Global warming, fuel consumption, and their relation to crucial issues such as poverty and war will shape our political and social debates for years to come. Colorado is brimming with the emerging energy alternatives and long-established resources that will play a pivotal role in this discussion. With promising power generators such as biofuel and geothermal still in the embryonic stage here at home—and with nuclear on the shelf for now—we look at the most prominent local energy options, their strengths and weaknesses, and how they might affect you today and tomorrow.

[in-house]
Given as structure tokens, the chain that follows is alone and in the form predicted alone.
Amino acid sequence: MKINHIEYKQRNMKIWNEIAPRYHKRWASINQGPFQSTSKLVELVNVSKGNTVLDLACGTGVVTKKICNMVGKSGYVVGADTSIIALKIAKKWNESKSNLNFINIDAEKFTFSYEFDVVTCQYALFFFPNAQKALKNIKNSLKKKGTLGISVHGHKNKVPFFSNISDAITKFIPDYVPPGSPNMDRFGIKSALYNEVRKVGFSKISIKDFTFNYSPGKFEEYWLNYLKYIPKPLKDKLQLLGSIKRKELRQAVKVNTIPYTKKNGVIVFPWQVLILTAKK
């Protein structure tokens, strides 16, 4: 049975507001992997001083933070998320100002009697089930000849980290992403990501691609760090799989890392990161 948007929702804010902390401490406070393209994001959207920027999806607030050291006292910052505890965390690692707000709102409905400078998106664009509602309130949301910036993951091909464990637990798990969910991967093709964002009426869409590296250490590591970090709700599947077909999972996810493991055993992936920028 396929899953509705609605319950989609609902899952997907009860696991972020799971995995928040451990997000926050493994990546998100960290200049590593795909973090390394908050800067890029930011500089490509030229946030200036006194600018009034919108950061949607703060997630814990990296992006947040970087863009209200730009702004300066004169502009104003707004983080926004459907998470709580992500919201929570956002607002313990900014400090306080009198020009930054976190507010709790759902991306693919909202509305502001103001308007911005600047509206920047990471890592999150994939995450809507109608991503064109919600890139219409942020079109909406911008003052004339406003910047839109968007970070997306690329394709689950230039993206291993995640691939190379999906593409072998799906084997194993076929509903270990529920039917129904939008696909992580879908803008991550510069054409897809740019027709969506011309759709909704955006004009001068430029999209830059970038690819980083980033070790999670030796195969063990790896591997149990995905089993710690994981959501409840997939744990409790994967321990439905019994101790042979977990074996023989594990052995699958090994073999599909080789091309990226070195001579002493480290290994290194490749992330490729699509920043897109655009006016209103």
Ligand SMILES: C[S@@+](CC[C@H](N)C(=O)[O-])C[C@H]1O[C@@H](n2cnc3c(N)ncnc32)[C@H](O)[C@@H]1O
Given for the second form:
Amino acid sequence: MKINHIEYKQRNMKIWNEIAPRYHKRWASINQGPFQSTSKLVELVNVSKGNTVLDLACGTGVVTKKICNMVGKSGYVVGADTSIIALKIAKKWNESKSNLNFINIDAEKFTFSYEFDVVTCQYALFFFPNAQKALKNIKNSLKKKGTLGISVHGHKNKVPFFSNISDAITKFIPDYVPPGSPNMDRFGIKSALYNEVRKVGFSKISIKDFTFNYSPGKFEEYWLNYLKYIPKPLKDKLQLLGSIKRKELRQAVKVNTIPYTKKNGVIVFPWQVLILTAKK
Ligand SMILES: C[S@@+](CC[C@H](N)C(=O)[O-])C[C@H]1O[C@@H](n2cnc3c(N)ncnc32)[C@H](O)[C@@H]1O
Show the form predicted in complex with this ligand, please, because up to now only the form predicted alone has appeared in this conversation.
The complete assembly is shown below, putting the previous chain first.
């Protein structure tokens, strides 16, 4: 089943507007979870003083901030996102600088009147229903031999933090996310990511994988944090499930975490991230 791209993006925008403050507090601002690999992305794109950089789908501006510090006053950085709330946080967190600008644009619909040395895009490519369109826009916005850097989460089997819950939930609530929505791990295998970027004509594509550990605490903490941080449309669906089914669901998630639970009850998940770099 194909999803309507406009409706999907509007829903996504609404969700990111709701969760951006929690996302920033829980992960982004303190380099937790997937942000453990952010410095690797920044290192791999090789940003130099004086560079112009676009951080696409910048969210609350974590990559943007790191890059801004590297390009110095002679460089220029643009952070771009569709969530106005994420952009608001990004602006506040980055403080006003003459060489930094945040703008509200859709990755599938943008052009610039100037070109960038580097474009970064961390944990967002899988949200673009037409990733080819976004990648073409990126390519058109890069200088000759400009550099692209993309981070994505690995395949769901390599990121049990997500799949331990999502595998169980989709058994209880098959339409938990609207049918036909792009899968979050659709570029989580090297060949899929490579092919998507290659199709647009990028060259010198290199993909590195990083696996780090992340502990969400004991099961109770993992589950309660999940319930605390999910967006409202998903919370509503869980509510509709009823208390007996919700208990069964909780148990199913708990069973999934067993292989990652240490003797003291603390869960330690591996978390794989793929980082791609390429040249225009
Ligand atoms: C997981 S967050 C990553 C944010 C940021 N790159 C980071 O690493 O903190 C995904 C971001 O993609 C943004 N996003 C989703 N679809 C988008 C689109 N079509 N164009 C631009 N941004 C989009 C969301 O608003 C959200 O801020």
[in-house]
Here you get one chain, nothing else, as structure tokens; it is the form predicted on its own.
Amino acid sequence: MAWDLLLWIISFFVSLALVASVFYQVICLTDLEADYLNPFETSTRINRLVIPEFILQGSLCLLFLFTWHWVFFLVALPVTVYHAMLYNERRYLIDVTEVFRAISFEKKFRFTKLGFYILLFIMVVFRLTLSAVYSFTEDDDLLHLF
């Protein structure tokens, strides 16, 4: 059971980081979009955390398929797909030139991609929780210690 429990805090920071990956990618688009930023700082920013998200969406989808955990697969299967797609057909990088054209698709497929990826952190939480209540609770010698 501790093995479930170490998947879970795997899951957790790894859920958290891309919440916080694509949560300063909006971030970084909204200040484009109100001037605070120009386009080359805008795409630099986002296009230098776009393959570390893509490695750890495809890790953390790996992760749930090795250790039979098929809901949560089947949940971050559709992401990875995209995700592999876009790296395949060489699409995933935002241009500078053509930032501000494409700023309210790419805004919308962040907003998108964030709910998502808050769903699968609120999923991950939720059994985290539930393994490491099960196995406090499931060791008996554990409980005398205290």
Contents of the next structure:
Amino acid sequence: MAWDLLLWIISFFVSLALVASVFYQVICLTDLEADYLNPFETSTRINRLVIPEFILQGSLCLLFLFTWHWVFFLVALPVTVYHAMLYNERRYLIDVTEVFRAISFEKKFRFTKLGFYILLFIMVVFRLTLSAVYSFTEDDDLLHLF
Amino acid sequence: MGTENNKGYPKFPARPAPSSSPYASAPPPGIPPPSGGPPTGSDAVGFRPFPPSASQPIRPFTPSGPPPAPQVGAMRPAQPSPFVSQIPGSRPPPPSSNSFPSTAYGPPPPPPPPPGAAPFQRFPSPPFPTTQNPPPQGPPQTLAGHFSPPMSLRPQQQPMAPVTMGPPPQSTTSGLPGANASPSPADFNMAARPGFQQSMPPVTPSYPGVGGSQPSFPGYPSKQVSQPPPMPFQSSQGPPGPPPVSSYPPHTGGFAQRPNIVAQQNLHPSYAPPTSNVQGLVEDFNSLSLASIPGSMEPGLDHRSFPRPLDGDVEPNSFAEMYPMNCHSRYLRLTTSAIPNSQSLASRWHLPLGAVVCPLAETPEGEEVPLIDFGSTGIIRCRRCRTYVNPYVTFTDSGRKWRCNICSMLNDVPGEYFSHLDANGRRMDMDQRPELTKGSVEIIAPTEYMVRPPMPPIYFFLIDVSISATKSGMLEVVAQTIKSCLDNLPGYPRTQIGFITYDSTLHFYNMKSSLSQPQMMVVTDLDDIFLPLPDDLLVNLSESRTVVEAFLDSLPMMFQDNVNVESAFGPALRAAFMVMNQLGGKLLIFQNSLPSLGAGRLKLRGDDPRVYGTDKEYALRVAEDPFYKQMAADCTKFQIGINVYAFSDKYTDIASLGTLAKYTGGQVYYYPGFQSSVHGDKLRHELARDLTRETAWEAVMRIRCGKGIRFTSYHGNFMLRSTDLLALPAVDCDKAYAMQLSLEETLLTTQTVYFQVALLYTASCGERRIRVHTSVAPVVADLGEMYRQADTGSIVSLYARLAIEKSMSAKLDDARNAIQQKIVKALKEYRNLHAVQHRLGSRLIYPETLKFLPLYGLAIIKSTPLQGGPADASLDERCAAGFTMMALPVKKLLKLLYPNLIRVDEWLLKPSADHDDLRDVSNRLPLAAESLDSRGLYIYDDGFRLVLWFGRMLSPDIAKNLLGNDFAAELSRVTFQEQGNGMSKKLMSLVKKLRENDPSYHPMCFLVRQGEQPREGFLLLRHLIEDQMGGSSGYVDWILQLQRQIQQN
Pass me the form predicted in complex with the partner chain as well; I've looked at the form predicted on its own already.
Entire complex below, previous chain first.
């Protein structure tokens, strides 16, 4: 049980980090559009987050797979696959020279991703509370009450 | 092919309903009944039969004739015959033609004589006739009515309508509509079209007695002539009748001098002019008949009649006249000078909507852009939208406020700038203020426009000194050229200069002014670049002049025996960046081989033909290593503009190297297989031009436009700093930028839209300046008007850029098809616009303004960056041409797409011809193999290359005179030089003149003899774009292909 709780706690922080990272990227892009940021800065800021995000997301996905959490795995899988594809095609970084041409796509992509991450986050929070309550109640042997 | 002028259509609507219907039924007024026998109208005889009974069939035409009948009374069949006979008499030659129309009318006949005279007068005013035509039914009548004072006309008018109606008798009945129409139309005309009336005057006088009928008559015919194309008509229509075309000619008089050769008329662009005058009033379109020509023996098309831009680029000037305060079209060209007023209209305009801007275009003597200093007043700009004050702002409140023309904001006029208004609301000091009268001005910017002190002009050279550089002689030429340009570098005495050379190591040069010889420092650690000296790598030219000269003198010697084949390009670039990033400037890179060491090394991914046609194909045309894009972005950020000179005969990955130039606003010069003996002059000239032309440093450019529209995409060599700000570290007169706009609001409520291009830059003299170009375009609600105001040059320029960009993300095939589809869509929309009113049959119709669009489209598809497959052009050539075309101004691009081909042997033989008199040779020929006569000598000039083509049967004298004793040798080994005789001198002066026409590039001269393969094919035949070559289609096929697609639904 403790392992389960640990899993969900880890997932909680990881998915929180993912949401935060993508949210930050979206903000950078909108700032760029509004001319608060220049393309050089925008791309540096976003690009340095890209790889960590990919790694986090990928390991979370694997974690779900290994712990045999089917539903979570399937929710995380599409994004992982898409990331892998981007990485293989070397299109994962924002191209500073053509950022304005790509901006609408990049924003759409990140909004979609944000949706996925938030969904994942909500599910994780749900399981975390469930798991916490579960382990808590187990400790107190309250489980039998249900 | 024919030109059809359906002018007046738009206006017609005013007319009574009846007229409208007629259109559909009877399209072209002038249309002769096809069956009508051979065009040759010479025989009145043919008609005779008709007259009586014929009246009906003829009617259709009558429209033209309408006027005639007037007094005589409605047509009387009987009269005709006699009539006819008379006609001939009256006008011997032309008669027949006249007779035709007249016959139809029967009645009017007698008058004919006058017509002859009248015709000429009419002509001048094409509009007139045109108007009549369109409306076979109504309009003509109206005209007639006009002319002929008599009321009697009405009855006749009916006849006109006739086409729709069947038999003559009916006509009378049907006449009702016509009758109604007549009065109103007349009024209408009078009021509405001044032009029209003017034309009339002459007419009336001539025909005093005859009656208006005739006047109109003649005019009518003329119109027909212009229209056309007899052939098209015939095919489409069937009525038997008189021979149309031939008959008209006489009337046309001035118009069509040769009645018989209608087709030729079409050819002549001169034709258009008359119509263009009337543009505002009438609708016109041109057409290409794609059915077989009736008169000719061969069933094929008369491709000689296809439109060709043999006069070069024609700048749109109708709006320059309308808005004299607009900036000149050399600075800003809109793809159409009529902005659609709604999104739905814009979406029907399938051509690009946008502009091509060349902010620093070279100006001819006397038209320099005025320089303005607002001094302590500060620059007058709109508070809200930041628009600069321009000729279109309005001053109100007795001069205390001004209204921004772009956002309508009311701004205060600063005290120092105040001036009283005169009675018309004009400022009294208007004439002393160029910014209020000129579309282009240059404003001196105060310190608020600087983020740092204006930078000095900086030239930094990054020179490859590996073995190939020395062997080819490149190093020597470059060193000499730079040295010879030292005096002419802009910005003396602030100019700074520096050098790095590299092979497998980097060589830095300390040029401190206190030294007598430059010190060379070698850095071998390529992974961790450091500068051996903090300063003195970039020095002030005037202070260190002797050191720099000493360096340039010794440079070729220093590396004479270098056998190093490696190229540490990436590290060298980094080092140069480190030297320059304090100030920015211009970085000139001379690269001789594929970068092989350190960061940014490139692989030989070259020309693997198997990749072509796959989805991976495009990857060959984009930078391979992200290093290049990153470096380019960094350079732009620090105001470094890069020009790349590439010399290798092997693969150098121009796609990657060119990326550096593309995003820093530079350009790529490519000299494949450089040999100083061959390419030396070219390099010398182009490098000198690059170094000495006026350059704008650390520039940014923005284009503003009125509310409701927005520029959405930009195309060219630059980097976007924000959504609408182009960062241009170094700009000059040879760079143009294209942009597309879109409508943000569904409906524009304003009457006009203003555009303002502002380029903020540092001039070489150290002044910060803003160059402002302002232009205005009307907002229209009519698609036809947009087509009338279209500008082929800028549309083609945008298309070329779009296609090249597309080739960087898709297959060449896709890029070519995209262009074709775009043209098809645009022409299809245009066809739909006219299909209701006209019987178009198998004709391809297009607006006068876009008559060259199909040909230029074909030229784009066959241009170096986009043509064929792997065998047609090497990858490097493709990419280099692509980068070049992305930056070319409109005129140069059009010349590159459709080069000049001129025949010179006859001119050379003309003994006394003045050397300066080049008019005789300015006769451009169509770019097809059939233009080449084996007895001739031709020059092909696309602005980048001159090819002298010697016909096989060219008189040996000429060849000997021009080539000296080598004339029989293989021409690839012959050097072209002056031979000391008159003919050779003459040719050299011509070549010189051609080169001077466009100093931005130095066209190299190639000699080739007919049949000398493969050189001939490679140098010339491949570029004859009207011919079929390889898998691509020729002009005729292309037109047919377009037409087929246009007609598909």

It's dark as night seven miles inside Colorado's Western Slope, but the beam of light from a miner's headlamp illuminates the lump of black gold in his grimy hand. "I'm the first human to ever see this particular piece of the earth," he says, turning it over to reveal a fossilized fern. He's also one of the few people—one of about 2,200 Colorado coal miners—that ever see coal before it's burned to make electricity. The rock is blacker than black, with shiny flecks of metallic-silver material. About 55 million years ago, the world was still hazy from the crash-landing of the Yucatán Peninsula asteroid. The dinosaurs were obliterated, but plants were reproducing. The Rocky Mountains shot out of the Plains, creating freshwater swamps that produced immense peat bogs. Pressure, time, and heat worked on the mud, plant material, and water to create our state's bituminous coal, a low-sulfur, low-ash, high-energy fossil fuel that still resides in great quantities in Colorado. Today that coal is in high demand.